Howl at the Center is a Hot Hoot

by Kevin T McEneaney

There’s a bright, speeding comet in the neighborhood and if you don’t look up The Center for Performing Arts in Rhinebeck this weekend, you will miss what will most likely be the most amusing local theatrical experience of this year: seven one-act plays by The predominant theme in most of the short plays offered satire on a most delicious topic: the varied rainbow of narcissism.

The song “Business Plan” from the musical Makeover written and directed by Darah Cloud, noted television scriptwriter and playwright, was sung superbly sung with wit and charm by Mary Rotella, and accompanied by pianist Nancy Theeman: the song wittily limed the story of an internationally successful woman who created the largest and most successful cosmetic company on the planet at the heels of World War II with catchy, boastful lyrics that ridicule the jingoism of the self-satisfied advertising world.

Home Base written and directed by Luisa Vilardi articulates the pathos and frustration of senility and Alzheimer’s disease with father-son dialogue between Lou Trapani and Brian Petti accompanied by the theme of baseball, as the transient heaven of happy working-class memories.

Pauline’s Hair Express written and directed by Dwight Watson and performed by Louisa Vilardi and Jaimie Ritchie-Watson occurs during the Covid pandemic when half the country went crazy, and our then President told the country to drink chlorine if you want to feel better. This was a hilarious satire on the deep paranoia that frazzled and confused many people. I am sure that everyone endured some ridiculous things during that era, and it was cathartic to look back and laugh.

Put It To Rest written by Anthony Leiner and Directed by Melissa Mathews featured two siblings in a funeral hone self-hatingly angry at their father’s death with the funeral director attempting to massage them into a semblance of civility, and when all appears hopeless after the destruction of some of the funeral home, a maudlin reversal of mourning occurs. Funeral director Michael J. Clark was an angel of reason while Justin Doro as the son was a tormented slob and his sister, Cassiopeia Ottulich, was the hysterical witch-sister from hell, but all is well that ends well, if one can vaguely accept reality.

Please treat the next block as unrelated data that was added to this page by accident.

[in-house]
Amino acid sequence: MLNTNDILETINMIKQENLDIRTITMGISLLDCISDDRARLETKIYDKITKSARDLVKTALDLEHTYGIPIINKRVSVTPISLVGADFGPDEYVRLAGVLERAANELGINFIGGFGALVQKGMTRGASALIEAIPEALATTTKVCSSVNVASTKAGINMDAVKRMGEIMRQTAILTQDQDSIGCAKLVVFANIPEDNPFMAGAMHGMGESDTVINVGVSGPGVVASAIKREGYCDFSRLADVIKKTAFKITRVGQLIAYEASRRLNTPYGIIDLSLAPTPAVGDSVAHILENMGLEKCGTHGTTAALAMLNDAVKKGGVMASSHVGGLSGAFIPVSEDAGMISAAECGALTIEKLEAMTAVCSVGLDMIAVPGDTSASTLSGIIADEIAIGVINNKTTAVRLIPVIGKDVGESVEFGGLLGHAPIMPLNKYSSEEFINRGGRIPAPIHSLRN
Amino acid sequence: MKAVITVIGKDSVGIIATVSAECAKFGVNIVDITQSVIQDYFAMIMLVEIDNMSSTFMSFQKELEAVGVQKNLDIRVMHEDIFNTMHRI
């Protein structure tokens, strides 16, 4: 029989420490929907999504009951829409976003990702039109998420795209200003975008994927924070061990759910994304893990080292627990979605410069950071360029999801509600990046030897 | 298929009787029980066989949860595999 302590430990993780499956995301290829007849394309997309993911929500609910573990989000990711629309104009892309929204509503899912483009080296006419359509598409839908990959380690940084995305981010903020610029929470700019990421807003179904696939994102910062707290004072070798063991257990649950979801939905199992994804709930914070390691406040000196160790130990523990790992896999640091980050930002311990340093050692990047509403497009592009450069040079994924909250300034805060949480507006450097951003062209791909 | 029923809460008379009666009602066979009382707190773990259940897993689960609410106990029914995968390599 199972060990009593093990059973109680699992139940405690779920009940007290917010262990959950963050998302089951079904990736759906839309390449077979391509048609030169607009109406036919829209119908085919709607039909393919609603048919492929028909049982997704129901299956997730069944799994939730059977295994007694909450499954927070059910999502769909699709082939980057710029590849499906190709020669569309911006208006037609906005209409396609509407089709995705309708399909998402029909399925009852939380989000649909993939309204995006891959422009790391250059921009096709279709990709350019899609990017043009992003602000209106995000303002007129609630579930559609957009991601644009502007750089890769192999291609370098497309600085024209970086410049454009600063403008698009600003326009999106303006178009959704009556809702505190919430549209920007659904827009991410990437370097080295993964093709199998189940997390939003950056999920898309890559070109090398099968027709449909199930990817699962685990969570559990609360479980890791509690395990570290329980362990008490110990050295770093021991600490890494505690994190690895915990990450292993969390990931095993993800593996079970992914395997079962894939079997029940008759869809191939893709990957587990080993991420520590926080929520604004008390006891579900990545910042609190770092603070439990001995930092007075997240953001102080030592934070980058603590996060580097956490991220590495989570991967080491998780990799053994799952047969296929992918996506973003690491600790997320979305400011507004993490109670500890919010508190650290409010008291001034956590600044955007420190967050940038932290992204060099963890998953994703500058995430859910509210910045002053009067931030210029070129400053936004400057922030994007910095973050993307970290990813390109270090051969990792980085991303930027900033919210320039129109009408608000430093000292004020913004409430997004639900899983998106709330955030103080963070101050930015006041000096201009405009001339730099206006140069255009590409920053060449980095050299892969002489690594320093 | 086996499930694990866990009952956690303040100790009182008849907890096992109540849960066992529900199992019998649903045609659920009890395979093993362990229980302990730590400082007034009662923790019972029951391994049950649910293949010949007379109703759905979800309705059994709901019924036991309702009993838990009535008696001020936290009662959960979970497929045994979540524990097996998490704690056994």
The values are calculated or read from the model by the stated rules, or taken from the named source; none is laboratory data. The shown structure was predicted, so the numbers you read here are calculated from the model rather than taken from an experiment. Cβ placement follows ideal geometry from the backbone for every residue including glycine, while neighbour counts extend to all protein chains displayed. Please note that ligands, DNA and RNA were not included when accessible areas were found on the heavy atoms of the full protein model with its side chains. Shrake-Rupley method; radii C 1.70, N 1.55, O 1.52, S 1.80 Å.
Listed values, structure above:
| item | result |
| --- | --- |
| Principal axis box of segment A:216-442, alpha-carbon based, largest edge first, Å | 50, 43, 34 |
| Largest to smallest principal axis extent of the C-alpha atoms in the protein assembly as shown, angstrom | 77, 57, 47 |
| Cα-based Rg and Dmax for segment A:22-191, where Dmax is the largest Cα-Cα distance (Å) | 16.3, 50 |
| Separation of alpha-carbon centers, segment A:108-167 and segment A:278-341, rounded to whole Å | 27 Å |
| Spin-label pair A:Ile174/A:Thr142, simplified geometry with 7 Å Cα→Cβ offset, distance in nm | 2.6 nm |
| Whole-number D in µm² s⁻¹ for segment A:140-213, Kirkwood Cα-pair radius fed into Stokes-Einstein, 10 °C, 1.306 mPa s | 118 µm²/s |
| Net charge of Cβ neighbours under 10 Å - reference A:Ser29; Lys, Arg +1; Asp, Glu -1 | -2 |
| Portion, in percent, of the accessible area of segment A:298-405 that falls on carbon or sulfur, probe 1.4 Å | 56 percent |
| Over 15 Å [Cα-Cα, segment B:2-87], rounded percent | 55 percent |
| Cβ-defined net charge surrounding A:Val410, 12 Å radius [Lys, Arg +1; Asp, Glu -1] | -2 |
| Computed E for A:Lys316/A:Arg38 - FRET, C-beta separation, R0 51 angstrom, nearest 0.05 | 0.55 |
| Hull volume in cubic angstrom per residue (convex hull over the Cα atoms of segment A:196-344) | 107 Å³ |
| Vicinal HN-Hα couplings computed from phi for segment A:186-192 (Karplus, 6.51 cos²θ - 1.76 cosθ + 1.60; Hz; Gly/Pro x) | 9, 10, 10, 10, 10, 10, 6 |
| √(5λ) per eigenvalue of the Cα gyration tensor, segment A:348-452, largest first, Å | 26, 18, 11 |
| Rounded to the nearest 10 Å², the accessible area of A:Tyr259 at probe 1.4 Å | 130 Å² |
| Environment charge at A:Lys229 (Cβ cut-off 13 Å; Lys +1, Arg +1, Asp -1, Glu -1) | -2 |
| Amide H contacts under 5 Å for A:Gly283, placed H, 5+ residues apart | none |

Star Surge written and directed by David Simpatico with Choreography by Cedric James presented a competitive television talent show gone amuck: Ory Lopex, the lead dancer fires his dancing mate, Molly (Kirsten Greene), and housemate lover just before the show dawns and secretly hires a younger dancer, Deedee (Rachael Prongay), whom he has been secretly seeing. Their comic dance with Ory prancing and preening his waggish mug, and the girls alternately pretzel dancing and fist-fighting leaves Ory down-and-out on the floor, however, they scandalously win first prize with enthusiastic, sub-culture lust. The choreography is a hoot and a howl!

The Art Machine written by Paul Allman, directed by David Simpatico, and performed by Norm Magnusson presents an award-winning art lecture by a painter who is perhaps the most successful narcissist in the world, and who backpacks the rambling magical land of idiocy with trenchant and maudlin sincerity accompanied by the iconic relic gimmick of a peanut butter sandwich. (There is much comic truth here.)

Last but not least, Yalu River (the longest play), written and directed by Nan Gatewood Satter depicted two upper-class snob-traveler braggarts (Dean Temple and Molly Parker Myers) changing planes at an airport while snootily bitching at all their past terrified adventure-traveling mates and lovers as their fencing duel of rugged toughness and insouciant obliviousness becomes the language of wounding insult and masochistic, romantic flirting. Katrinas Lantz played with panache the comic, autistic airline announcer who had no filter with the voice of a satiric siren.

This was a night of superb acting produced by Darah Cloud and David Simpatico. This production deserves to run for two months, but, alas, the curtain will come down on Sunday afternoon. If you need to have many good laughs for two hours that continues in memory, contact the Center for tickets at:

Kevin T McEneaney

Author of Hunter S. Thompson: Fear, Loathing, and the Birth of Gonzo, and other books